Opinion: Biden’s infrastructure plan is too much

Cross Currents: A column by Bill Christopher
Special to Colorado Community Media
Posted 9/24/21

President Biden’s $3.5 trillion social spending package is not the way to go. Certainly, the $1 trillion infrastructure funding package is long overdue and much needed throughout America’s …

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Opinion: Biden’s infrastructure plan is too much


President Biden’s $3.5 trillion social spending package is not the way to go.

Certainly, the $1 trillion infrastructure funding package is long overdue and much needed throughout America’s deteriorating infrastructure systems. There has been way too much foot-dragging in Congress for too long a period of time on how to fund highway maintenance and construction, beefing up the national electrical grid, water and sewer replacements and public transit improvements, to name a few components.

Congress needs to get on with authorization of the “Build Back Better” package and put the funding in motion. Construction jobs pay well, and America needs to get jobs filled and people back on payrolls, the sooner the better.

It’s bigger than the New Deal or the Great Society

The $3.5 trillion funding plan is way too much of a Christmas tree with something for everyone. It covers economic measures, education, social welfare, climate change and foreign policy.

First, the plan needs to be pared back to a more reasonable proportioned package. This mentality of solving every social problem right now may sound good, but America simply cannot afford it. Moderation is the word and practice to be used.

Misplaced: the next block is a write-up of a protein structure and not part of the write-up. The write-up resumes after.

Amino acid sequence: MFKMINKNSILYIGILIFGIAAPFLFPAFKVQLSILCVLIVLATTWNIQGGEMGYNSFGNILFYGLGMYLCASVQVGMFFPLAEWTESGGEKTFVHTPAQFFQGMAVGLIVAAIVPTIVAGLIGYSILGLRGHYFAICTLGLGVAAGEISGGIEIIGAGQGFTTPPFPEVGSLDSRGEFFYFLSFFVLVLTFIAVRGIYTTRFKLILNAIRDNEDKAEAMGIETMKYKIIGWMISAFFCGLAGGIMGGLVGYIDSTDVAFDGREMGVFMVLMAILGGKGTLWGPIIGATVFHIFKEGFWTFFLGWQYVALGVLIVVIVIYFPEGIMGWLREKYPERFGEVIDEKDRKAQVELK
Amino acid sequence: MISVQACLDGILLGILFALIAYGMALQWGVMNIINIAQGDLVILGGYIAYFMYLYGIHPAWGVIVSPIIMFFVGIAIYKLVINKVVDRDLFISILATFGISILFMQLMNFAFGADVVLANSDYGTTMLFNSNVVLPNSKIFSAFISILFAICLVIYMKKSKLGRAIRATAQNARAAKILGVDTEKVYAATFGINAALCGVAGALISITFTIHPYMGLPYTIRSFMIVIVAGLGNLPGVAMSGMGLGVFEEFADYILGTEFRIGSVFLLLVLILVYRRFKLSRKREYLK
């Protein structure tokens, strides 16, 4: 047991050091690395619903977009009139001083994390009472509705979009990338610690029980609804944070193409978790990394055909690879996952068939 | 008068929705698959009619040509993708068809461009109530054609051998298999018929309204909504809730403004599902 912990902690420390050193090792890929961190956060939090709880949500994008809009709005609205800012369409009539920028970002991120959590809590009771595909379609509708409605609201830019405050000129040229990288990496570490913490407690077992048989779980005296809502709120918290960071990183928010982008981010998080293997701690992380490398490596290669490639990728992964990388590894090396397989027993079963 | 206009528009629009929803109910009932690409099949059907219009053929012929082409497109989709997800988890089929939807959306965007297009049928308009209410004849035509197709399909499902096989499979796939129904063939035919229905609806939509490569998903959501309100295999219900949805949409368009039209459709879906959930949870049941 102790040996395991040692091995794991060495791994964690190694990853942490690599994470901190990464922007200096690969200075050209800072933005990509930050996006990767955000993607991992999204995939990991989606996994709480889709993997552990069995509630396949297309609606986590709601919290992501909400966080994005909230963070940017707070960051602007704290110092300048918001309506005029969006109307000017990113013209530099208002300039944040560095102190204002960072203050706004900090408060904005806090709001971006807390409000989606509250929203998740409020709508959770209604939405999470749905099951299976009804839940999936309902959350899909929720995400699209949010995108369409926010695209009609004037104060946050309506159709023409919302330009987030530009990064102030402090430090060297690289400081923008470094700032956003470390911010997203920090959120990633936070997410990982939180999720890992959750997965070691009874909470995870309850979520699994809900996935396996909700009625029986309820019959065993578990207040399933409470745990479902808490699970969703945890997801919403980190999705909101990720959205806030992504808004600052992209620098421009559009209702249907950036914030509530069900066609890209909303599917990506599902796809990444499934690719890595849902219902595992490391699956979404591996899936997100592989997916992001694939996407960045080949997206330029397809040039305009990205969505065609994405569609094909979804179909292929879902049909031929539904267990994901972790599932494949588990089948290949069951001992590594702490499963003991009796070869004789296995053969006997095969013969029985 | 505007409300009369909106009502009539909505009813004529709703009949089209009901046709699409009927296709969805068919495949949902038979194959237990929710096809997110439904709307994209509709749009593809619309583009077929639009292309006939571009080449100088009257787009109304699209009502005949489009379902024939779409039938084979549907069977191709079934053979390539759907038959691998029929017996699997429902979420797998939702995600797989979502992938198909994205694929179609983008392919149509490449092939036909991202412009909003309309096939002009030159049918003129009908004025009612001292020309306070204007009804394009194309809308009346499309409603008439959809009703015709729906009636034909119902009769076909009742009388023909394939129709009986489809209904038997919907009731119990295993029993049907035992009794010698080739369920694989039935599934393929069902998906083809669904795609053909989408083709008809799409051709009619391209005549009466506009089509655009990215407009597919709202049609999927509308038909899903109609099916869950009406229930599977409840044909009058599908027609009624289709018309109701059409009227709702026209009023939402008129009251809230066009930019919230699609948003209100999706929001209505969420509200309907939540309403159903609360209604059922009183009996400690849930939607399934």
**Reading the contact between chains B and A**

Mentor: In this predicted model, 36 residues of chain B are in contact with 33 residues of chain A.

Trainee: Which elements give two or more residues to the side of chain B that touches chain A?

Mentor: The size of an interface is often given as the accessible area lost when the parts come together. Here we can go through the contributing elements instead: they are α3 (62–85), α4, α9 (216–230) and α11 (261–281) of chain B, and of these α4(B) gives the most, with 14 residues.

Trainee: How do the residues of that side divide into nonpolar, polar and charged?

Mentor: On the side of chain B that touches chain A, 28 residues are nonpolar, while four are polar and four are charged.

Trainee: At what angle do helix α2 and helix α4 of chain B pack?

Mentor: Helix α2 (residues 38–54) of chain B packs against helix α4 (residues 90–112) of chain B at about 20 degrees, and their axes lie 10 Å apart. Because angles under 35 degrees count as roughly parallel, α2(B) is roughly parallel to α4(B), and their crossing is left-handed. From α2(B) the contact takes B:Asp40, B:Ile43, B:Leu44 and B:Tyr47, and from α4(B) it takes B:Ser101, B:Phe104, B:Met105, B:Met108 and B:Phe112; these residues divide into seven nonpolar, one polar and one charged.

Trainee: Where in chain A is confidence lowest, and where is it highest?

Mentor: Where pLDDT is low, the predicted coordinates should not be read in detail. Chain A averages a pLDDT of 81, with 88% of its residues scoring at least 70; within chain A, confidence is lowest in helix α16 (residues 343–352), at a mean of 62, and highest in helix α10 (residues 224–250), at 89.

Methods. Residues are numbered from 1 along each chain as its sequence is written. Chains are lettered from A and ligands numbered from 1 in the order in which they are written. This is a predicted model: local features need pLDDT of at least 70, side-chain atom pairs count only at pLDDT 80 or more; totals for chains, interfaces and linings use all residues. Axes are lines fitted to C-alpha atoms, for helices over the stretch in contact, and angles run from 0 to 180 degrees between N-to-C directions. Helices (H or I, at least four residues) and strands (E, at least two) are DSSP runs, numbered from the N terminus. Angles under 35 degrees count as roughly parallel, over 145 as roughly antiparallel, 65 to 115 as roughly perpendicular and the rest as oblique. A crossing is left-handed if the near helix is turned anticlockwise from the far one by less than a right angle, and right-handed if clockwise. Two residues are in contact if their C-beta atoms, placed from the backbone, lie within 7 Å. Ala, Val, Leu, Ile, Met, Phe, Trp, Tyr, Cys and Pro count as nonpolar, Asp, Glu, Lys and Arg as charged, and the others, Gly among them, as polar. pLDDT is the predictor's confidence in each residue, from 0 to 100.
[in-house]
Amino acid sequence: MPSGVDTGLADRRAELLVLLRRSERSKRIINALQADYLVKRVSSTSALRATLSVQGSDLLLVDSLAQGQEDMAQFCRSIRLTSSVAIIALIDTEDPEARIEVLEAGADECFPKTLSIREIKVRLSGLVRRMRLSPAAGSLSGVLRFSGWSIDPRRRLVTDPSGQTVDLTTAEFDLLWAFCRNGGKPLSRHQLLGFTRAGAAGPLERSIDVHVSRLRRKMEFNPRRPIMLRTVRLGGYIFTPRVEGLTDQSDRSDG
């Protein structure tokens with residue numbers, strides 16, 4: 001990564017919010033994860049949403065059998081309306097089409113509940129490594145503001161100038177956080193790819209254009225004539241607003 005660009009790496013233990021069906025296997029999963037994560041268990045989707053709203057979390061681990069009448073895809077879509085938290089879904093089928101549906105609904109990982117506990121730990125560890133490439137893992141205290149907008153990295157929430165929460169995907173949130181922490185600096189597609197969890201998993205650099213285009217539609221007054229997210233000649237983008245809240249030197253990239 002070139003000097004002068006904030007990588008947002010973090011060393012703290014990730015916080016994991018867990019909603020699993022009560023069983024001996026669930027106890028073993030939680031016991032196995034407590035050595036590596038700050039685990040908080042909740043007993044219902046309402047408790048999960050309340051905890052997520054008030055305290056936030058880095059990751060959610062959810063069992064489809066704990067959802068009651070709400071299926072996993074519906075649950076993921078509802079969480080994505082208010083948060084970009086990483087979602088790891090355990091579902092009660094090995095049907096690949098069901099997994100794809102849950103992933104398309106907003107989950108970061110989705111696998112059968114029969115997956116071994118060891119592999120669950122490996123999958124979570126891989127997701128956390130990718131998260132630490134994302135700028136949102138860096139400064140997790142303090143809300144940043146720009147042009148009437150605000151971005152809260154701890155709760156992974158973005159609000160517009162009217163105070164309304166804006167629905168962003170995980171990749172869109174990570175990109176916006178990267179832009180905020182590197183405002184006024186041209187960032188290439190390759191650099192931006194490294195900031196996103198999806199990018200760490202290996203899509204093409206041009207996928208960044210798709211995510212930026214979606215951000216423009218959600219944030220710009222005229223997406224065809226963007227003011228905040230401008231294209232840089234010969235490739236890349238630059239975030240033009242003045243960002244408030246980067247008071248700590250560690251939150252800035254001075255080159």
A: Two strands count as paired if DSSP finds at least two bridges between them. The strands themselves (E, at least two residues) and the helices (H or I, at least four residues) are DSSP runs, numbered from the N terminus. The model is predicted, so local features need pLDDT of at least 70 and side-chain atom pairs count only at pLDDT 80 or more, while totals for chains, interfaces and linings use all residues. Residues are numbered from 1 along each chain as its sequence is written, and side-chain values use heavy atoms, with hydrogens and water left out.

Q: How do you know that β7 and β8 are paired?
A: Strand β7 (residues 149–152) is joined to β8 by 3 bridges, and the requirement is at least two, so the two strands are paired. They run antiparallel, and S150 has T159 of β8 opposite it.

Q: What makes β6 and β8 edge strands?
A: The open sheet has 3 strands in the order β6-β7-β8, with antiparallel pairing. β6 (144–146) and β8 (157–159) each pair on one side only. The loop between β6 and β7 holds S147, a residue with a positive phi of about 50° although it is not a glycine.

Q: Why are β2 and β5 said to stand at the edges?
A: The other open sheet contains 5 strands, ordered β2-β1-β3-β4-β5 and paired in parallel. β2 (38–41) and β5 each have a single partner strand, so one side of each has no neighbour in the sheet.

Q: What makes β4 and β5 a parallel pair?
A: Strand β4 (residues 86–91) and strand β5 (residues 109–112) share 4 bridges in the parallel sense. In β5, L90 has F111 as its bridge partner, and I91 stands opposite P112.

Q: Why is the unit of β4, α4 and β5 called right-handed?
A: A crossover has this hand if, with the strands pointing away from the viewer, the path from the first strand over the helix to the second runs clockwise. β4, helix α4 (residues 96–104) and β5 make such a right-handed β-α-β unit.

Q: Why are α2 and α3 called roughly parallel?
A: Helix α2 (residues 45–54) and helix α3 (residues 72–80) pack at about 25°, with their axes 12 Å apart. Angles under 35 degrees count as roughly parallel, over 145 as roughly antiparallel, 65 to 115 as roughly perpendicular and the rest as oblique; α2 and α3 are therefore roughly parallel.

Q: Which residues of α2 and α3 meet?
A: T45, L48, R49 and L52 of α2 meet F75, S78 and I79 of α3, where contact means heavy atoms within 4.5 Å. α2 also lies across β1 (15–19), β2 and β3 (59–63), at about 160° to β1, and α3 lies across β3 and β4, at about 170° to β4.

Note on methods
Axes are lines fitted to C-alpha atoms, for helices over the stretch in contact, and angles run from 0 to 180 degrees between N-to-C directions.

Secondly, Congress and the president need to be more cognizant of the debt that has been piling up. As a nation, we have been on a spending spree too long, and now is not the time to crank it up even higher. One newspaper op-ed cited Biden’s joint proposals as the equivalent to President Franklin Roosevelt’s New Deal all in one big scoop. Our country’s leaders need to be more diligent in not loading up the national debt for our children and grandchildren to pay.

Finally, the idea of simply funding the same programs as in the past is short-sighted. Things have changed so much even before the pandemic. Thoughtful analysis and on-the-ground awareness of the needs of those who are living in poverty or homeless or without employment or with food insecurity should first be done with retooling programs based on the findings of such an updating effort.

Will it happen or not?

Having outlined the $1.0 trillion infrastructure package and the massive $3.5 trillion social cradle-to-grave social funding package, the whole effort may be moot. Between the Republicans and the progressive Democrats, none of this may come to fruition. President Biden’s legacy may go up in smoke. We shall see in the coming days and weeks. 

Come learn about the city candidates

It’s time to gather and learn about what each candidate stands for as well as what they are not supporting. Although there have been one or two forums previously, we are now in the home stretch with roughly one month to go to the Nov. 2 elections. I have checked with staff from Northglenn, Thornton and Westminster to see what is on the radar. So far, only two forums have been announced. One is with the Westminster mayoral and council candidates. Mark your calendars for Wednesday, Oct. 13. The Westminster Chamber of Commerce is sponsoring the forum from 5:30 to 7 p.m. at Westminster City Council Chambers. Attendees will need to register online at no cost. It will be in person.